This was a time of civil war, anarchy, intrigue, and assassination.
Between 193 and 284 the Roman Empire knew more than twenty-five emperors, and an equal number of usurpers.
All of them had some measure of success, several of them often ruling different parts of the Empire at the same time. Rome's traditional political institutions slid into vacuity and armies became the Empire's most powerful institutions, proclaiming their own imperial champions and deposing those they held to be incompetent.
Yet despite widespread contemporary dismay at such weak government this period was also one in which the boundaries of the Empire remained fairly stable; the rights and privileges of Roman citizenship were extended equally to all free citizens of the Empire; in several regions the economy remained robust in the face of rampant inflation; and literary culture, philosophy, and legal theory flourished.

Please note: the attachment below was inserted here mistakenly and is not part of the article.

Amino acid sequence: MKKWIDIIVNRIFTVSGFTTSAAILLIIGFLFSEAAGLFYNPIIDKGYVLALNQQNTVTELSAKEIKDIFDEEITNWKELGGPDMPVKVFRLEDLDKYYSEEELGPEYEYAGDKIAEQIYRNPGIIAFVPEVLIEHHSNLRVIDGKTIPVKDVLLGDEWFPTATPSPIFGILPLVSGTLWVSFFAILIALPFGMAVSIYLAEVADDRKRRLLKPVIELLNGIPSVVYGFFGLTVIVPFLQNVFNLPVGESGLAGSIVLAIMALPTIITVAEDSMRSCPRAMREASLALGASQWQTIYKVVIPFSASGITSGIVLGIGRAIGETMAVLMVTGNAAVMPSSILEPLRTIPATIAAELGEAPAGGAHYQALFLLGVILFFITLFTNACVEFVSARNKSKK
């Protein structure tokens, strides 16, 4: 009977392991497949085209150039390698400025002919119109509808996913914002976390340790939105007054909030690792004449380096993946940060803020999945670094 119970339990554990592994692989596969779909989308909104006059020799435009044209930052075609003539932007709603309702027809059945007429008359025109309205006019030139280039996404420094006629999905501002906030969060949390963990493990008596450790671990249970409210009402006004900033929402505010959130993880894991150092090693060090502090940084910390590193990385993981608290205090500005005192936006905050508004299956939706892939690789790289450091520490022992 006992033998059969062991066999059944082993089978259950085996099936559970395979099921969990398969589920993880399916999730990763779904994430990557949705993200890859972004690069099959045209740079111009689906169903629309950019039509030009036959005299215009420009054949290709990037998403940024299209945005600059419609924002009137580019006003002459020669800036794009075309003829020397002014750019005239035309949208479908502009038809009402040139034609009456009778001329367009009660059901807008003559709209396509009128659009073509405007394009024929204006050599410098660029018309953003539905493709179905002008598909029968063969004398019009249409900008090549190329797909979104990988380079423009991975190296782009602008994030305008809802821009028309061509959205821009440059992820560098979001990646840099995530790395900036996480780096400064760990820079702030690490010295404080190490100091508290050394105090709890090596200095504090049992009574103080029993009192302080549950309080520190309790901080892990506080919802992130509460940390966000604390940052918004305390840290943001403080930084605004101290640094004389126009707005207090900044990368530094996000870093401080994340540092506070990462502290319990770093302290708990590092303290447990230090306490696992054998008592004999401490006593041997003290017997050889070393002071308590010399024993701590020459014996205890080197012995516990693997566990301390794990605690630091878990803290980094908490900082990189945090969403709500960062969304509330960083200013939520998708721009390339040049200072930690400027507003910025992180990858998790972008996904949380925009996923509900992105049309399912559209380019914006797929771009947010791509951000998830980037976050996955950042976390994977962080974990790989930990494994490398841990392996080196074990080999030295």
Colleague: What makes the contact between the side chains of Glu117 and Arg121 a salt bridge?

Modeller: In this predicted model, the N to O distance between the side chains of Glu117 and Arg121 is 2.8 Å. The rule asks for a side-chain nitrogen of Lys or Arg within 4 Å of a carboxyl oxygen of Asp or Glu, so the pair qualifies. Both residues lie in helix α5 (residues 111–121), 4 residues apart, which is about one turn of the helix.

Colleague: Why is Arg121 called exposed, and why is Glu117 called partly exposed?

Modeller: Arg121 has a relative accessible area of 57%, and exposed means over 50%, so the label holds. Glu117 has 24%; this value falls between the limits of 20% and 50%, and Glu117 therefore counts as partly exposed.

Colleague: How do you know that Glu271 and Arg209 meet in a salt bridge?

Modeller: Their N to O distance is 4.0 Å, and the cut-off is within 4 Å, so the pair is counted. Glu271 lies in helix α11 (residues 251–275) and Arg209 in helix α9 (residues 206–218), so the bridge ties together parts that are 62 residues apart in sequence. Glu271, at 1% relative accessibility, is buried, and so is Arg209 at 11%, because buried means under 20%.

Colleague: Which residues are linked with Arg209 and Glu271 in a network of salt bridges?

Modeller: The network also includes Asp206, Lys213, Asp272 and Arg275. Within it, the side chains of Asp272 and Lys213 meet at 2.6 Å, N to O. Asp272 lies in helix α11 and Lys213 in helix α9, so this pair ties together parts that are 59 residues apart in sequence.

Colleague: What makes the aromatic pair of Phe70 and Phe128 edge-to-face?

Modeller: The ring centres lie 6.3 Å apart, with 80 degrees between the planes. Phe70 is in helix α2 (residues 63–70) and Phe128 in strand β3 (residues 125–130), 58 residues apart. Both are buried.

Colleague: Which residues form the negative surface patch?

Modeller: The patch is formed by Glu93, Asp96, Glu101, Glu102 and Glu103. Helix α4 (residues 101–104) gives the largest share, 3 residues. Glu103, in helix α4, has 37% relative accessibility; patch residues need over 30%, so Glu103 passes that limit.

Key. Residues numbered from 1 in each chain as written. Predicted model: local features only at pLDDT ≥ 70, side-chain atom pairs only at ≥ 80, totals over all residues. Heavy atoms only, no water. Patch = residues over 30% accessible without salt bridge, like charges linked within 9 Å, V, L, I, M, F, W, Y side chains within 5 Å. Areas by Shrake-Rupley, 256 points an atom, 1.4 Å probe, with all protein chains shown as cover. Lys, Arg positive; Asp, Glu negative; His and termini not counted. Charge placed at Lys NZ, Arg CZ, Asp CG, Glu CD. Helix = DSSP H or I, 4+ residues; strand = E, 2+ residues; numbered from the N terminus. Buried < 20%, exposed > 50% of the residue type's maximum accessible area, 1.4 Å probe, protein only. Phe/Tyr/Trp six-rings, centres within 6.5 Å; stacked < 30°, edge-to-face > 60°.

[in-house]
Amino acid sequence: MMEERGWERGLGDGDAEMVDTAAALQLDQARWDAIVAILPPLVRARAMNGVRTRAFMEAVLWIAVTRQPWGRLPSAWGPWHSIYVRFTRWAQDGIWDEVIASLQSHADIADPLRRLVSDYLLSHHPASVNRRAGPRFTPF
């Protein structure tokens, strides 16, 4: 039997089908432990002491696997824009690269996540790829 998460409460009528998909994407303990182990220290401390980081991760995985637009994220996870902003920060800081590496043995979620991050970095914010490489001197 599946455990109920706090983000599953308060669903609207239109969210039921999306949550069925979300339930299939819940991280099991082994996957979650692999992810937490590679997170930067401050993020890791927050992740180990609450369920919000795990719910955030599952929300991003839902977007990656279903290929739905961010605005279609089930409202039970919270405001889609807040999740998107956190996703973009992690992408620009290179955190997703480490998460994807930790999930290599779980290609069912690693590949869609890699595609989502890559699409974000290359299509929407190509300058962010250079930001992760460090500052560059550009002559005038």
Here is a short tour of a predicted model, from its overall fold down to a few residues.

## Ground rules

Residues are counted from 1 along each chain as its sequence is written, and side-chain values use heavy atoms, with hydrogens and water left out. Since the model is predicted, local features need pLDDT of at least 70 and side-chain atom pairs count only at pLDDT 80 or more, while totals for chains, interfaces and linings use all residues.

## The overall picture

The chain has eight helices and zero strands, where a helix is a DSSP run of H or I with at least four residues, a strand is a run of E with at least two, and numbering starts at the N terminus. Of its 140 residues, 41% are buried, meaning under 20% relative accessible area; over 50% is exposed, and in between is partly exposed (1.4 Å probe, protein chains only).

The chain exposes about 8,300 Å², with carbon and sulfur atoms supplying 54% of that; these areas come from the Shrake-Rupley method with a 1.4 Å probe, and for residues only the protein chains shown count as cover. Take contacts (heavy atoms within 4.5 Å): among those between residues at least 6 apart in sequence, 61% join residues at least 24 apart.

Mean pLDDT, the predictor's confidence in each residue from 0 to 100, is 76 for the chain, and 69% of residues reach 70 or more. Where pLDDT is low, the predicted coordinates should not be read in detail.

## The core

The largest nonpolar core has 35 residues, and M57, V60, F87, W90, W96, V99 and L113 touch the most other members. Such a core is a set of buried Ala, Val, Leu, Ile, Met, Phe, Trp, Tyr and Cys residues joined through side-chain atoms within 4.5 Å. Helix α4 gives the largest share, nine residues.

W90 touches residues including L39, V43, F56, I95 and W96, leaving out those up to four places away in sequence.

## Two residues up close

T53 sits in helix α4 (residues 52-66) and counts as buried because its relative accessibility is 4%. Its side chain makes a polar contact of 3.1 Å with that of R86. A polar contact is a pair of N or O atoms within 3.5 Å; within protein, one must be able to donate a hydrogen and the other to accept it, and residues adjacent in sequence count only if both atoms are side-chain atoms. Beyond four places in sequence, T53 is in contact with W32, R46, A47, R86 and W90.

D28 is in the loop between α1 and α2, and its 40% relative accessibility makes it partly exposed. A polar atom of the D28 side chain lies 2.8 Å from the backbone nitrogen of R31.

Historians have been discussing how and why this could have been for centuries. Olivier Hekster takes you to the heart of these debates and illustrates the arguments with key contemporary documents. His compelling account will engage students at all levels of study.